The U.S. economy is poised to add more jobs this year than any other on records dating back to 1939—though the expected gain is unlikely to fully repl
The U.S. economy is poised to add more jobs this year than any other on records dating back to 1939—though the expected gain is unlikely to fully replace losses last spring, when the coronavirus pandemic first took hold.
U.S. nonfarm payrolls will increase by 6.7 million by December 2021, from last month, according to data firm IHS Markit . Economic forecasting firm Oxford Economics predicts 5.8 million jobs. Economists at the University of Michigan forecast 5.3 million. All would put 2021 well ahead of the 4.3 million jobs created in 1946, at the start of the post-World War II expansion, for the best year on record. It would be much less in percentage terms, though, 5% versus 11% in 1946.
Such gains would be a dramatic turnaround from 2020’s net job loss of 9.4 million, according to the Labor Department’s jobs report Friday. The loss largely occurred in March and April, when employers shed 22 million jobs as states restricted activity to control the spread of the virus. Jobs grew in subsequent months, but the pace eased after June then turned negative in December.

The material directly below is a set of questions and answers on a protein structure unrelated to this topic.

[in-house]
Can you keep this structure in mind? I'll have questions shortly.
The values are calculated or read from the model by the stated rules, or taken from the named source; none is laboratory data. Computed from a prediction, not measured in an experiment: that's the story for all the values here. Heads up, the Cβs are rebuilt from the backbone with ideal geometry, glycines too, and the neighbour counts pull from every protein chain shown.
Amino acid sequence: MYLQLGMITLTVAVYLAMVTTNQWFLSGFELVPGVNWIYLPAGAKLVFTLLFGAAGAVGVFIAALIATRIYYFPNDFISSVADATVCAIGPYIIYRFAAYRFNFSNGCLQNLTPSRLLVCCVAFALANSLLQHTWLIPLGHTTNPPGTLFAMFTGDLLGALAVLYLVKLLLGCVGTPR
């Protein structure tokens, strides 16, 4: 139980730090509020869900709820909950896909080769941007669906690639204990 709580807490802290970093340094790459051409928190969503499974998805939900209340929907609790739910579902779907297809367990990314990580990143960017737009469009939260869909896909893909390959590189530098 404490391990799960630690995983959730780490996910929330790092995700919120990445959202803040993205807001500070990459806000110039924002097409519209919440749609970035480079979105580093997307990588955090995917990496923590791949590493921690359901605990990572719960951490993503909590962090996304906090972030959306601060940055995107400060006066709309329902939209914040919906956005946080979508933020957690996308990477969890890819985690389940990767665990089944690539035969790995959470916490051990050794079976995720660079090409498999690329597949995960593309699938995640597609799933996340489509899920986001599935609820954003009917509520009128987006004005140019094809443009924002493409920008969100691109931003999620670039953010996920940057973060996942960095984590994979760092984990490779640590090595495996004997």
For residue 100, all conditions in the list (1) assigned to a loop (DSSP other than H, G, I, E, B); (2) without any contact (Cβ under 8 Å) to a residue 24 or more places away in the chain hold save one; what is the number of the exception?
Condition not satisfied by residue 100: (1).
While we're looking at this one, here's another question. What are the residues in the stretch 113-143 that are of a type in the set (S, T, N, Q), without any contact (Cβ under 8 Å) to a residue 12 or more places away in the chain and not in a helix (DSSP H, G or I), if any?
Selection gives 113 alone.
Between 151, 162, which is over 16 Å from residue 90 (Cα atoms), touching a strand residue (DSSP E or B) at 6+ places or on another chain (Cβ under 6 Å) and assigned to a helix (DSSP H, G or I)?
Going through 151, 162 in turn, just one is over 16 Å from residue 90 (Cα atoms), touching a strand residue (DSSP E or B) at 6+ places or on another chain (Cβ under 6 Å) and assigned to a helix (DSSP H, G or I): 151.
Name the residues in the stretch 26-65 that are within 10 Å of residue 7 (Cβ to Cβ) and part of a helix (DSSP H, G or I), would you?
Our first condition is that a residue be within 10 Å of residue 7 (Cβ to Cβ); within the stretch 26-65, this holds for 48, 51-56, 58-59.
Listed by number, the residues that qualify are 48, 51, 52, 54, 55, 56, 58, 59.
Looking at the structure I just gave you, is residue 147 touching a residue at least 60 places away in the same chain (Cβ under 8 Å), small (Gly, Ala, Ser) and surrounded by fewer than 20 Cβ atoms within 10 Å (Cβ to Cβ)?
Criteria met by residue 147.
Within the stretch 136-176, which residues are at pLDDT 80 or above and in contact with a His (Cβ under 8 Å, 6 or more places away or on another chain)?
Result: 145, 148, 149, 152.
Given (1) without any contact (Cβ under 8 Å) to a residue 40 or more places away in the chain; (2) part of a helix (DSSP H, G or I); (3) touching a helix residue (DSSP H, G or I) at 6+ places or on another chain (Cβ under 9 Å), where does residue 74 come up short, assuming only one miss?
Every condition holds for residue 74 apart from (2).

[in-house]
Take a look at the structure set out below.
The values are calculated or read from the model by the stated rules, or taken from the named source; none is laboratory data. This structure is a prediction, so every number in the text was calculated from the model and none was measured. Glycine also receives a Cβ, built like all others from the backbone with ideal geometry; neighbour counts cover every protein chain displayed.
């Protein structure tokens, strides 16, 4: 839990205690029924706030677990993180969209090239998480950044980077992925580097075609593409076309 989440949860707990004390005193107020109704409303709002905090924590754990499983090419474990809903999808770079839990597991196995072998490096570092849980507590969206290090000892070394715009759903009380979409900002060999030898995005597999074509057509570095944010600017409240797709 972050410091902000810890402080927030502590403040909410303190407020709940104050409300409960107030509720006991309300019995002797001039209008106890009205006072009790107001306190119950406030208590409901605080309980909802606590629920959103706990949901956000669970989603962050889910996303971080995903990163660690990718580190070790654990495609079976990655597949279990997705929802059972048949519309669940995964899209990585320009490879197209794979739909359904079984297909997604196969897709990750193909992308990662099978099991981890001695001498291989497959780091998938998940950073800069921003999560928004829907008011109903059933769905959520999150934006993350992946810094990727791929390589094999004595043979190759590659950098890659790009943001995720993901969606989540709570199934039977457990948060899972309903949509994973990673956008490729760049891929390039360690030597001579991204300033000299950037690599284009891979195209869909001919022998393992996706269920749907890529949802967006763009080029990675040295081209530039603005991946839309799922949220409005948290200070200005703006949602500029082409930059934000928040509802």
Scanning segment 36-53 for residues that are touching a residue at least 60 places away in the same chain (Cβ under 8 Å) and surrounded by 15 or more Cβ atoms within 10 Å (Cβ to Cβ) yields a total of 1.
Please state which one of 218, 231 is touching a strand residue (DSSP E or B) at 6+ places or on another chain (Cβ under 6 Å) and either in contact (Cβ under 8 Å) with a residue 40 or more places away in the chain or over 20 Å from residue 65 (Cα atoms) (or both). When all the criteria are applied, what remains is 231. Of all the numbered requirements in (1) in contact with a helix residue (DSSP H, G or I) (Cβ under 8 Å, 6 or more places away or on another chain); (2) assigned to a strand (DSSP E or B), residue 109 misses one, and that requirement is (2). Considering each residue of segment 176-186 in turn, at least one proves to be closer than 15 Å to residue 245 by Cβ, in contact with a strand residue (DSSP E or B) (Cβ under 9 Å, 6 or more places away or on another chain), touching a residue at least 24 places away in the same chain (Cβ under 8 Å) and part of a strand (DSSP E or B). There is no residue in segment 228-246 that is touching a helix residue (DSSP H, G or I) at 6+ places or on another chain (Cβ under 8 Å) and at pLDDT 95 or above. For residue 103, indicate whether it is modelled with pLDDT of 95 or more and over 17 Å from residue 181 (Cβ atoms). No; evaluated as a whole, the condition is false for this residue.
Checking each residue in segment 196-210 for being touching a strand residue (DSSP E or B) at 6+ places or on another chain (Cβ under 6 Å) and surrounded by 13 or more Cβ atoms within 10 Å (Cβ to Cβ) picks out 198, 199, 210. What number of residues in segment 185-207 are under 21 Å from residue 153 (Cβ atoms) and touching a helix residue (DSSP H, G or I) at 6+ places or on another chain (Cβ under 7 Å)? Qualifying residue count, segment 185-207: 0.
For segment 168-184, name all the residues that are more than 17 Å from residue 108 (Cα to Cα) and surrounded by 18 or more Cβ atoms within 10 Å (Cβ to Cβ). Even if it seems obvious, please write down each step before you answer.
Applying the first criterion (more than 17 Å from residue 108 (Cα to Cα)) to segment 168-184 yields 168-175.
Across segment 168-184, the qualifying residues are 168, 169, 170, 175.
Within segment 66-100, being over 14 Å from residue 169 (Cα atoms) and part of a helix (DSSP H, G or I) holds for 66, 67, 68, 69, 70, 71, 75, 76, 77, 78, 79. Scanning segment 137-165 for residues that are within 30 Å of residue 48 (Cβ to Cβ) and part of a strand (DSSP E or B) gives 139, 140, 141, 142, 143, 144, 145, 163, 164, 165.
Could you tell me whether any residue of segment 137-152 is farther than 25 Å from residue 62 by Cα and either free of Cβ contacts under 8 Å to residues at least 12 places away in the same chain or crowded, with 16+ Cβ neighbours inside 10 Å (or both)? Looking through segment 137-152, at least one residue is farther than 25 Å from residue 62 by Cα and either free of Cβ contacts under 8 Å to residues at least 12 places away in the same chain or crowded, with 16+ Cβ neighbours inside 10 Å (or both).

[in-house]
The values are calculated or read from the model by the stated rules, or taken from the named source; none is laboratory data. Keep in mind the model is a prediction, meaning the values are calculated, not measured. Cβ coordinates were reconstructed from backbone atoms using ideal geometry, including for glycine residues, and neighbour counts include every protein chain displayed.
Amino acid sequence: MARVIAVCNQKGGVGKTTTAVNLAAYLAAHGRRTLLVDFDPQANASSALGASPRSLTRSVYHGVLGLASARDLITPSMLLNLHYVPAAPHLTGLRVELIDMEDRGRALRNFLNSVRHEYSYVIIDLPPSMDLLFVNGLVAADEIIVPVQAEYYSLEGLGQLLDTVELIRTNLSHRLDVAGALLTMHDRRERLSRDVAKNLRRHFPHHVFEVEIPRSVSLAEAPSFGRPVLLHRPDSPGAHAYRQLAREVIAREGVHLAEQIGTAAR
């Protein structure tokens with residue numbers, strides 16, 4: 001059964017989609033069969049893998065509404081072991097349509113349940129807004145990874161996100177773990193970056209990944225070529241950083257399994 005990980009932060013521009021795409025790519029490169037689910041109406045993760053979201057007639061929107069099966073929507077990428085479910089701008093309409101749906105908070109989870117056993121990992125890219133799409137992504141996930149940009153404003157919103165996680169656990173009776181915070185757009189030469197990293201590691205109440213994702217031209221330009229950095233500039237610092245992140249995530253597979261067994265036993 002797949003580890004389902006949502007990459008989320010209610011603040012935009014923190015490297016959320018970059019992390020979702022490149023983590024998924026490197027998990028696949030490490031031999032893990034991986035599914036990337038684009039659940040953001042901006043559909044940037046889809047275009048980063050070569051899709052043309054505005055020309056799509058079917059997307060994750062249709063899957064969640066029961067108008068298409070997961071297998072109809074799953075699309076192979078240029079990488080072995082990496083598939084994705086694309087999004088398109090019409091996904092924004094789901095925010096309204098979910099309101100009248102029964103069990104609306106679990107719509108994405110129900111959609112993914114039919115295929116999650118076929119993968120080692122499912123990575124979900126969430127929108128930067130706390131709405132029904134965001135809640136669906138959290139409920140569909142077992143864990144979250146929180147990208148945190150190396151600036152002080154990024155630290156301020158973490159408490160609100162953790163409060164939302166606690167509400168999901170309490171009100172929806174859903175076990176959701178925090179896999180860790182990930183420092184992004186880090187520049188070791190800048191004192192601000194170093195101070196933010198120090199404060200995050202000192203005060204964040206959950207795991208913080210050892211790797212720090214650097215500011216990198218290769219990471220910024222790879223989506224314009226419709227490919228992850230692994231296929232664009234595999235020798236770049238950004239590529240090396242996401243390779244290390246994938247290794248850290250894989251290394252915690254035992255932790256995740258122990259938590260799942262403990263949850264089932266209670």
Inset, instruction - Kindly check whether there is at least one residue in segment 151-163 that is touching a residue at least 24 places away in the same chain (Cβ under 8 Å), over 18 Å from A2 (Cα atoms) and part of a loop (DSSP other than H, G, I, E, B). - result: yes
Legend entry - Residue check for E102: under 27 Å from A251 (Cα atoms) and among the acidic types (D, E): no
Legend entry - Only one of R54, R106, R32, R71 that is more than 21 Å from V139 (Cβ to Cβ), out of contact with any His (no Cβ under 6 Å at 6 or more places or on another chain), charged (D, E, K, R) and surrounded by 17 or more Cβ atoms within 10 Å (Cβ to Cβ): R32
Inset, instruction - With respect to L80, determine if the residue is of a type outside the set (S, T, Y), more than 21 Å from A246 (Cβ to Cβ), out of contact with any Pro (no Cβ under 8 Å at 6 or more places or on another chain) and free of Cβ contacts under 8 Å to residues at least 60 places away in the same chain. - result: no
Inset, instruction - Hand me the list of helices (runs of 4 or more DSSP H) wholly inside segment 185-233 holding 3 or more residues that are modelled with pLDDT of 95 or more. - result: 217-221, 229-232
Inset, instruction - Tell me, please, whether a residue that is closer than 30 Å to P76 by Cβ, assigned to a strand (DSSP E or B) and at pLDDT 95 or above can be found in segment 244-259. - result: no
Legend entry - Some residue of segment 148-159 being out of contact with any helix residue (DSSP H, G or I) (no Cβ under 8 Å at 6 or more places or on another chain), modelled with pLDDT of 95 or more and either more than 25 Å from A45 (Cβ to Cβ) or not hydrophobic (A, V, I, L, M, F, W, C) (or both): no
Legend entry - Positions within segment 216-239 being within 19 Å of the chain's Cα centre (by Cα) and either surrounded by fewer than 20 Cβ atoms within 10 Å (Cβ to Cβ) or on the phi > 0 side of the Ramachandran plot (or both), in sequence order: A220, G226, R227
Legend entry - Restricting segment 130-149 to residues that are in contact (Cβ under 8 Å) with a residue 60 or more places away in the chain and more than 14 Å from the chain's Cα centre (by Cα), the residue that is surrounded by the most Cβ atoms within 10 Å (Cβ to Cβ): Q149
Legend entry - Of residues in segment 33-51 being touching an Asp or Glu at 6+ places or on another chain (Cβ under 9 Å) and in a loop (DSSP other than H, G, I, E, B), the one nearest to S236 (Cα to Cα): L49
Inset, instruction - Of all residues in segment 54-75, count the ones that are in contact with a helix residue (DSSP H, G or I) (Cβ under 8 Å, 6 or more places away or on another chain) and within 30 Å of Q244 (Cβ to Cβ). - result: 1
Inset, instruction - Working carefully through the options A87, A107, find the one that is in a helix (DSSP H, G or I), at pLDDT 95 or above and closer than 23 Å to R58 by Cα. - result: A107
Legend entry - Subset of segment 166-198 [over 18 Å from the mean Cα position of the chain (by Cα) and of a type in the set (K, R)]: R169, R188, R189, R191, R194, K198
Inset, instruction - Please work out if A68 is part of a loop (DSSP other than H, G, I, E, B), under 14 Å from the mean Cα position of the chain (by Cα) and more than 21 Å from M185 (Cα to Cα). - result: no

Economists expect hiring to start slowly and gain momentum later in 2021, as the Covid-19 vaccine becomes widely available and consumers resume activities such as dining out and travel. The $900 billion in enhanced unemployment benefits, aid to businesses and other relief enacted late last month is also projected to boost the economy.
The speed of the recovery would be far faster than after the two previous recessions this century, which mostly reflects the severe and sudden nature of last year’s downturn and the unusual factors at work now in confronting a simultaneous health and economic crisis.